It was a day that reminded even the most seasoned of baseball fans what the game is really all about; it was the first ever World Series baseball game for people with disabilities held on the Kenai Peninsula.
The thrill of the batter as he or she hit the ball and raced to first, the coming home and crossing the plate with arms in the air, and even the smiles from the umpires were all American. Kenai Mayor John Williams threw out the first pitch to Kenai Borough Mayor Dale Bagley behind the plate, and the games were under way. "This was just great for all the participants and people involved; Joe Malatesta had a good idea and everyone is having a real good time here today and you can feel the excitement," said Mayor Bagley.
Participants receive their ball glove from event creator Joe Malatesta Sr.
It all started a couple of years ago with an idea in the mind of Joe Malatesta Sr., to have an event where people of all ages with disabilities could participate in a fun sport that most folks take for granted. Malatesta shared his dream with the staff and board of directors at Frontier Community Services and the Kenai Little League and plans were under way for the 2004 World Series baseball game for people with disabilities.
Ken Duff, Frontier Commnity Services executive director and Joe Malatesta Sr., during opening ceremonies of the '04 World Series baseball game for people with disabilities.
"My family and I wrote the first check, and from there the community stepped up to the plate and hit home run after home run," said Malatesta. By the time the first pitch was thrown out, some 36 businesses and individual sponsors had pitched in so that the players all received trophies, hats, gloves and medals to remember their special day playing Americans greatest sport. Hall Quality Builders even constructed the ramps that were necessary for the players to get in and out of the dug-outs. "All of the volunteers and contributors that assisted in this event turned a dream into reality. It provided over 50 athletes with disabilities a day in their lives that they will never forget. A memory they can dream about and a hope that there will be another baseball World Series in 2005 that they can participate in," added Malatesta.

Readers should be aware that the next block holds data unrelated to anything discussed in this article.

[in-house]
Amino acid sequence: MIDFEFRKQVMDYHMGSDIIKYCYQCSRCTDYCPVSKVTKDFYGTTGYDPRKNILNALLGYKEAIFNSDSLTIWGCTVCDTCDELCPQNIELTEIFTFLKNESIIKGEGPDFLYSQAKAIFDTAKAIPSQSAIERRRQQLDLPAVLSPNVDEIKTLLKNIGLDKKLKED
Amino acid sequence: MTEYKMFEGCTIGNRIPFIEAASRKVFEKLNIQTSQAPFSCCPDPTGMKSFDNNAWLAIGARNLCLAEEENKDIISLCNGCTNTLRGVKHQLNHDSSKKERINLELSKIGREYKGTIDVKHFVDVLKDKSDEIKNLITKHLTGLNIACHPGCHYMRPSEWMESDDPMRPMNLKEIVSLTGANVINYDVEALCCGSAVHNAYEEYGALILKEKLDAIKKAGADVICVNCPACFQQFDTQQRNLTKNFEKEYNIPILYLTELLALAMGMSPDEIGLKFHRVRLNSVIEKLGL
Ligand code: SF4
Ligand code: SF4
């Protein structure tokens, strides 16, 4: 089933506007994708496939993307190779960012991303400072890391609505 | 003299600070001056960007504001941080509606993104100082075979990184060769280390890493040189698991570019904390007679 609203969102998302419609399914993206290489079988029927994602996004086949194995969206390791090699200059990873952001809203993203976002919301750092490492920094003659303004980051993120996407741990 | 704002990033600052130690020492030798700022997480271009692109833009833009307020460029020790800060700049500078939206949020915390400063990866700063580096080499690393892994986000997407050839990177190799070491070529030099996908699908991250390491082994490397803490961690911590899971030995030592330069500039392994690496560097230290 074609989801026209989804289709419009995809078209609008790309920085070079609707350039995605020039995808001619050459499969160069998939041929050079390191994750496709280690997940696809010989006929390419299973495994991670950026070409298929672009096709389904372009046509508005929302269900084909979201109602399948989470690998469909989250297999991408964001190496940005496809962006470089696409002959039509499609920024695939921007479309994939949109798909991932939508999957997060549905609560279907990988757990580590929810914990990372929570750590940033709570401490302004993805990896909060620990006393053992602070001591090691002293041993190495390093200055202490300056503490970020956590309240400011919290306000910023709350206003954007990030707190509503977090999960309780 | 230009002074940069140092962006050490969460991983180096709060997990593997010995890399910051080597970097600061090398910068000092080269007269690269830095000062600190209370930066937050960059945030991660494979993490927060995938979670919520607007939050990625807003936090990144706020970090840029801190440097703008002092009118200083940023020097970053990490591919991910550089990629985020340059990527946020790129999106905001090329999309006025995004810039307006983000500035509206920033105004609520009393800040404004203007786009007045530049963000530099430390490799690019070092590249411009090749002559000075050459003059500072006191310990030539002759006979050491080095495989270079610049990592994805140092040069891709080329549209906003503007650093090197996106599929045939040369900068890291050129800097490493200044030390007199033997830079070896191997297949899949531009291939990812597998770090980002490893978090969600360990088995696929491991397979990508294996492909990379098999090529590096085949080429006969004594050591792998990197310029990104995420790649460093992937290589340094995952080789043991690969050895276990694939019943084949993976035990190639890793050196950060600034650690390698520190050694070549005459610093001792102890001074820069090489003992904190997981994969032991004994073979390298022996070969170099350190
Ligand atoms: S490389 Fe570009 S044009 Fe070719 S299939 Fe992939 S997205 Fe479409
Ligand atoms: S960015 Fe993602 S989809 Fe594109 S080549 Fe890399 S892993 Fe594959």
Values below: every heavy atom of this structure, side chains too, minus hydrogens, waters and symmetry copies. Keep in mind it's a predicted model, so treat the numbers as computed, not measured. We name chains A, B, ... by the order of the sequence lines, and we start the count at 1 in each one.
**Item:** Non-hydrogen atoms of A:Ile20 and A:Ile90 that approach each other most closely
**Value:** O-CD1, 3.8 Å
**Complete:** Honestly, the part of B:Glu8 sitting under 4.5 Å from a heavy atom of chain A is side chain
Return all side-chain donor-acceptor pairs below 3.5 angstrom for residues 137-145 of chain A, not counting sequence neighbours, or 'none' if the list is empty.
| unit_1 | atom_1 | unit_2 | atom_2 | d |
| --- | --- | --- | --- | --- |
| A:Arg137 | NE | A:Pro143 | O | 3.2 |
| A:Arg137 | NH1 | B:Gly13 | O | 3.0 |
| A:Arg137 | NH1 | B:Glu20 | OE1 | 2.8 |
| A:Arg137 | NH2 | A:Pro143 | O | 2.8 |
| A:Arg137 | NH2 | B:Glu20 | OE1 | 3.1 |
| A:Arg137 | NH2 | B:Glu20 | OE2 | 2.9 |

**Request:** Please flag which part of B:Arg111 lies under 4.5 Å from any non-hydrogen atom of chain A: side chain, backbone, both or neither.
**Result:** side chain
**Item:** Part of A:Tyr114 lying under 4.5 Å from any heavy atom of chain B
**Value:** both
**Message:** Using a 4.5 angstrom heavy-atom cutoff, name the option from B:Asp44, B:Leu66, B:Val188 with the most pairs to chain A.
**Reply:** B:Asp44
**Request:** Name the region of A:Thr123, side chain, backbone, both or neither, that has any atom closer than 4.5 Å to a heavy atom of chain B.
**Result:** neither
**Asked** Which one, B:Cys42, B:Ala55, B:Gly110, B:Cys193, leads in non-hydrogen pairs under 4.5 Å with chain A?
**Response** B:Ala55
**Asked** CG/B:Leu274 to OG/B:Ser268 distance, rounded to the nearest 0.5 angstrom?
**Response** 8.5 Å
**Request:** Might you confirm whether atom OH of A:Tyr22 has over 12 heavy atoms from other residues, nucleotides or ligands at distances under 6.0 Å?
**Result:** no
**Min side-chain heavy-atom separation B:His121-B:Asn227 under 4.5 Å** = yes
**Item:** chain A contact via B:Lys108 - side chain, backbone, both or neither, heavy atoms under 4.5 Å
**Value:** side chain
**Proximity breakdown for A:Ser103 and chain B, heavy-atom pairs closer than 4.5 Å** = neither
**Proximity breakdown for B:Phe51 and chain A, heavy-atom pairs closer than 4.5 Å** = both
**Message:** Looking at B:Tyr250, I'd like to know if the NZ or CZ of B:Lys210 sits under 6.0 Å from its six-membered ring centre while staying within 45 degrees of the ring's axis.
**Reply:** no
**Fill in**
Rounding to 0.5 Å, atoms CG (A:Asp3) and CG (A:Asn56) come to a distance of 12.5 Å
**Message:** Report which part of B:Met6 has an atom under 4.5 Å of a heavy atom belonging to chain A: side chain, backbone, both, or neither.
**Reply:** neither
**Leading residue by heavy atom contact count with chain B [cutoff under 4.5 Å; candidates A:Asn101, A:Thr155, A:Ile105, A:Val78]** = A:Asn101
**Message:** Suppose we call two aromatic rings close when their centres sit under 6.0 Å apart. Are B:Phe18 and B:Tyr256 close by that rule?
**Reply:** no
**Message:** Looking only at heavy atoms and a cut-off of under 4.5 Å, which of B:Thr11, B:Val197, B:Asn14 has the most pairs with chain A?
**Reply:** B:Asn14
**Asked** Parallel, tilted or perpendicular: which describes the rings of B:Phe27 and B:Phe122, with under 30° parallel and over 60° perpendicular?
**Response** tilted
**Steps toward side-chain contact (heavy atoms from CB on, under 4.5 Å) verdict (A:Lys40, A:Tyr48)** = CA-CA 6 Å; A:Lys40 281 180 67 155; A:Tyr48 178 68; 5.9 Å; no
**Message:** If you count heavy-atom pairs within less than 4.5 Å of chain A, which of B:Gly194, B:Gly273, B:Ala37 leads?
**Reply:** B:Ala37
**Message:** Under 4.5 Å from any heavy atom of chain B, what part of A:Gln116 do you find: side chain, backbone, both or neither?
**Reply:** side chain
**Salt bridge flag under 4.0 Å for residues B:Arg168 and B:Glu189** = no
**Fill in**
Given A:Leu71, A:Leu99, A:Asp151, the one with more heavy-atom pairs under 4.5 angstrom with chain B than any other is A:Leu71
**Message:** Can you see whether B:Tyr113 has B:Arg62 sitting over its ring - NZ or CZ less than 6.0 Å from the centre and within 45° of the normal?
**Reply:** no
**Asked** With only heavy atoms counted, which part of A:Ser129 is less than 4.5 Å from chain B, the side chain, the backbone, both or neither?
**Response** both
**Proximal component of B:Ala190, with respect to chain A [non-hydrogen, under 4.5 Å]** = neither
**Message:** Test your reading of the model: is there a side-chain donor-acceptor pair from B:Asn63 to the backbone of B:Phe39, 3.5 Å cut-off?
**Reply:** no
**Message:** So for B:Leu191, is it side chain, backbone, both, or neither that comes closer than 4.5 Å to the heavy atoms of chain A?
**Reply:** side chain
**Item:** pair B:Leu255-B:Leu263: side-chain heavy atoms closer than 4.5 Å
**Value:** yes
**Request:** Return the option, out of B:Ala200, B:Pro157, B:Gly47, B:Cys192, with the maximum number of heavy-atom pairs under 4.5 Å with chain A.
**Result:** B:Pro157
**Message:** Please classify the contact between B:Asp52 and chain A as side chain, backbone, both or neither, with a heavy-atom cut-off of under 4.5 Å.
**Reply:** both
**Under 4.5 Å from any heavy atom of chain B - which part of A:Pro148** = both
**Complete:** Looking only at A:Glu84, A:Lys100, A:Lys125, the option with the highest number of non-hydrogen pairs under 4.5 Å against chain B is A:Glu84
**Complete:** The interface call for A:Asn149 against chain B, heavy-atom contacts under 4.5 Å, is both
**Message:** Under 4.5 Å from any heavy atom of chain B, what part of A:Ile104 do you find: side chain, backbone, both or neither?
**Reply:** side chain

All participants in the '04 World Series for people with disabilities received a trophy, baseball glove, gold medal & cap.
Little League District one administrator David Gemmell attended the event and said, "For the State of Alaska, this means quite a bit for Little League and the communities that we are showing interest in the disabled and the kids that all too often are forgotten about in many of our organizations. It's a tribute to our umpires who are really out there doing all the work running the games today and I take my hat off today to the umpires association of Kenai and Soldotna today." Following the games, the athletes were awarded their trophies and everyone was treated to a barbeque of Kenai wild salmon, burgers, and hot dogs.
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